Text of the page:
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mixed cities

  • Mixed city holds Israel's first ever Jewish-Arab pride event

    Thursday's event is the first pride event ever to include a speech by an Arab MK. 'We cannot demand respect while disparaging the other. It is impossible to fight for my equality and not for that of others,' MK Issawi Frej told the crowd. Over 150 members of the LGBTQ community and their supporters took part in a joint Jewish-Arab pride event in the mixed city of Lod on Thursday. The event, the first of its kind in Israel, took place outside city hall, and follows a mass protest by LGBTQ Israelis earlier this week for equality and against discrimination. [tmwinpost] “There are those who…

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  • Palestinian citizen attacked in suspected hate crime

    Amad Abu Sharah was walking home from morning prayers when he was allegedly jumped by a group of men with sticks. (See update below) Amad Abu Sharah, a Palestinian citizen and activist from Lydd (Lod in Hebrew), was attacked in the early hours of Sunday morning at the entrance to his house on his way back from morning prayers at a nearby mosque. Activists in Lydd are planning to hold a meeting Sunday in light of the growing tensions between the settlers from the "Garin Torani" (a core group of national-religious Jews who often move into poor, mixed Jewish-Arab neighborhoods…

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  • Demolishing Arab women's homes is the easy way out

    What are Arab citizens expected to do when the city only builds for Jews, and why do single mothers almost always pay the price? (Translated from Hebrew by Eppie Bat Ilan) On the surface, it was just another illegal dwelling demolished in the city of Lyd ("Lod" in Hebrew). The image of a violence, crime-ridden city combined with that of too many law-breaking Arabs is particularly blinding for both the media and social activists. After all, we are simply talking about a municipality attempting to get its zoning matters straight, that's all. But let me invite you to take a closer…

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  • Home demolitions: A reminder that the Nakba never ended

    The destruction of Hanaa' al-Naqib's home in Lydd this week is a reminder that Israel's dispossession of Palestinians didn't end in 1948 — it has simply taken on new forms. We could hear the wailing all the way from the entrance to the besieged neighborhood. It was a heartbreaking sound. We quietly make our way between the bushes, over the fence and past the train tracks, so as not to be detected. When it comes to the police, using words like "the media" or "photographers" doesn't really grant you access. We make it to the yard of one of the…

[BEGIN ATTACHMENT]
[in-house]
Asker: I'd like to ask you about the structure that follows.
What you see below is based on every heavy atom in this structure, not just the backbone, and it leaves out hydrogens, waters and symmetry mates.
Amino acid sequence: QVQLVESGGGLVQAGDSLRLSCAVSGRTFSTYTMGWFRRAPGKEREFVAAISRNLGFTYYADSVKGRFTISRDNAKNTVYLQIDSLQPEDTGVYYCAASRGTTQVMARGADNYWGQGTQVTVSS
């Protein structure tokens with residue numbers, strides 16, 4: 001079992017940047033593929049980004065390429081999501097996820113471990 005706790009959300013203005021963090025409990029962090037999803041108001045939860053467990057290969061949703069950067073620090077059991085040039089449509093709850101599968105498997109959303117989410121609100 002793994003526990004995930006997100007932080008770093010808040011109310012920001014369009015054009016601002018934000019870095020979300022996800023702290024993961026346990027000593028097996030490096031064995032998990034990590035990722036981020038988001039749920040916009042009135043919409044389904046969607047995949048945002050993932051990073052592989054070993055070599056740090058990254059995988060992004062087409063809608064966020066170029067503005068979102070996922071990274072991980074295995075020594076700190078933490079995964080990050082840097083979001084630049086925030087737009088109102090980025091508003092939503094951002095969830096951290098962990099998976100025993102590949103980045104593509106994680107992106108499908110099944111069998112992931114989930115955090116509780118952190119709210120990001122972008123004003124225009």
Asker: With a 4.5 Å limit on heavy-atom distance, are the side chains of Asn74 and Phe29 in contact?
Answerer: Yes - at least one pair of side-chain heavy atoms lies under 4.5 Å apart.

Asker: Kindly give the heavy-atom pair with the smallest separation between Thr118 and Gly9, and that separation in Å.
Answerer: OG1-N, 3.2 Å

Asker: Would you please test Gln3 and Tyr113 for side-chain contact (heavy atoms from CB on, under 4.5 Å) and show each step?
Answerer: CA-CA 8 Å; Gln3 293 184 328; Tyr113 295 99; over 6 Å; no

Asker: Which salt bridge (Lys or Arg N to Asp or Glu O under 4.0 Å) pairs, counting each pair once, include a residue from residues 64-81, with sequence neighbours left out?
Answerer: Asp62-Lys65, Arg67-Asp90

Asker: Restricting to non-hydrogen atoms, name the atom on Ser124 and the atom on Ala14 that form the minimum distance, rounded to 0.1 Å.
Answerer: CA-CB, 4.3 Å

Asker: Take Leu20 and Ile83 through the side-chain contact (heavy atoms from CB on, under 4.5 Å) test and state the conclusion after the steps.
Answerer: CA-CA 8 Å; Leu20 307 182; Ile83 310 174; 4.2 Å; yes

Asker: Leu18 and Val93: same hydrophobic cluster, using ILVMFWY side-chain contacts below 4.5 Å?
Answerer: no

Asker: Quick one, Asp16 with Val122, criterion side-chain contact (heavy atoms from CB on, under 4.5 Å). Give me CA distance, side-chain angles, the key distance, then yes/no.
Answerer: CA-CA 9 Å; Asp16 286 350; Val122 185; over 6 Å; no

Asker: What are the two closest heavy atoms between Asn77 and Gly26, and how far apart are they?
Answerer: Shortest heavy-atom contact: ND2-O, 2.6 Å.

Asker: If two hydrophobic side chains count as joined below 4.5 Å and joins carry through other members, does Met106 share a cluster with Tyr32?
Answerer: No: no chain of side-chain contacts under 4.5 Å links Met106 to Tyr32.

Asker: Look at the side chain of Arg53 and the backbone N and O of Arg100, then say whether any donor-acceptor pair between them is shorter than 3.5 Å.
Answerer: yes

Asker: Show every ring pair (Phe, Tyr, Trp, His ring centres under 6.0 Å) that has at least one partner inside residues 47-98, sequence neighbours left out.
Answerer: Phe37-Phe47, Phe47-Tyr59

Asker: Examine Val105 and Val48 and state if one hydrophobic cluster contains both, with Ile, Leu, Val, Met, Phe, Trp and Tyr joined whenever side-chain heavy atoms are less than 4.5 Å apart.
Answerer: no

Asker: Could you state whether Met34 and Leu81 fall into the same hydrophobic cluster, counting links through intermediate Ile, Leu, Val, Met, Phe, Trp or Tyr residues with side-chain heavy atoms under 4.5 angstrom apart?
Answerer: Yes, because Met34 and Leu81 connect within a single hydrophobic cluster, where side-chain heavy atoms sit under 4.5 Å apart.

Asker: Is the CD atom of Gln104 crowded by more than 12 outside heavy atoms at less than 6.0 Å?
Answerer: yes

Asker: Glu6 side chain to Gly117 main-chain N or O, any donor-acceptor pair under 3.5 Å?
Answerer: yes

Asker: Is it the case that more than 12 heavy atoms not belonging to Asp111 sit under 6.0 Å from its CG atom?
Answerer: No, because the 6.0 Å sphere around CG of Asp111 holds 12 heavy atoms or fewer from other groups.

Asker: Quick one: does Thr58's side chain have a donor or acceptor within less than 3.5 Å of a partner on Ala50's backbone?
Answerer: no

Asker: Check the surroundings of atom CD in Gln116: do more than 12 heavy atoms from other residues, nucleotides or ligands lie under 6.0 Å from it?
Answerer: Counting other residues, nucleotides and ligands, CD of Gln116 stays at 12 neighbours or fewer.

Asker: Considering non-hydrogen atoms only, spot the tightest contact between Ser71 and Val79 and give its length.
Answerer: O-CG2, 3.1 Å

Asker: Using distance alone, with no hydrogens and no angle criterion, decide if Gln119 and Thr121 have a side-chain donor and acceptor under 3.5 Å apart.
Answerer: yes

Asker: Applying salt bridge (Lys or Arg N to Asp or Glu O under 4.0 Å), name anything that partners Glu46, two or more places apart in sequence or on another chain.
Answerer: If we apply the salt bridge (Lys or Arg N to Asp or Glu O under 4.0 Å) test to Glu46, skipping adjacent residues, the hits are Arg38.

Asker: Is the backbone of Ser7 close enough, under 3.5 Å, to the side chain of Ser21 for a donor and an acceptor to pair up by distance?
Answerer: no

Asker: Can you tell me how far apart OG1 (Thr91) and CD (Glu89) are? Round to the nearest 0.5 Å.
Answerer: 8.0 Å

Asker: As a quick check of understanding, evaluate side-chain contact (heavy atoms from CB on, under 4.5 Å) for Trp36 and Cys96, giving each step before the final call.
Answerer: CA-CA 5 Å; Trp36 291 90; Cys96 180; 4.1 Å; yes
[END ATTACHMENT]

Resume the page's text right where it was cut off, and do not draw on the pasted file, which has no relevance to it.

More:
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  • Jews, Arabs work to resist racist municipal election campaign

    In the face of a nationalistic mayoral campaign by the local Likud chapter, a group of Jews and Arabs in Karmiel choose to focus on eliminating gaps, building public housing and creating a city where everyone can live together as equals. By Dov Caller and Alan Traister “If the Arabs keep coming, Jews will leave and we will even end up with an Arab mayor. The attempt to elect representatives of the Arab community to the city council shows that Karmiel is on the way to becoming a mixed city. Karmiel of 2013 is fighting for its life as a…

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  • A matter of choice: Why optimism is integral to anti-occupation activism

    Often times pessimism is caused by choosing to remain a spectator, and pretending to remain powerless instead of taking responsibility and deciding to act according to what one believes. But what does this mean, and how do you do it? By Tom Pessah In a recent +972 post, Noam Sheizaf wrote that “there is something extremely grotesque – for lack of a better word – in hearing Israelis (or Zionists) explaining that the effort to end the occupation is simply not working, or beginning to seem pointless. Israelis are in power. They can end the occupation with a simple decision.…

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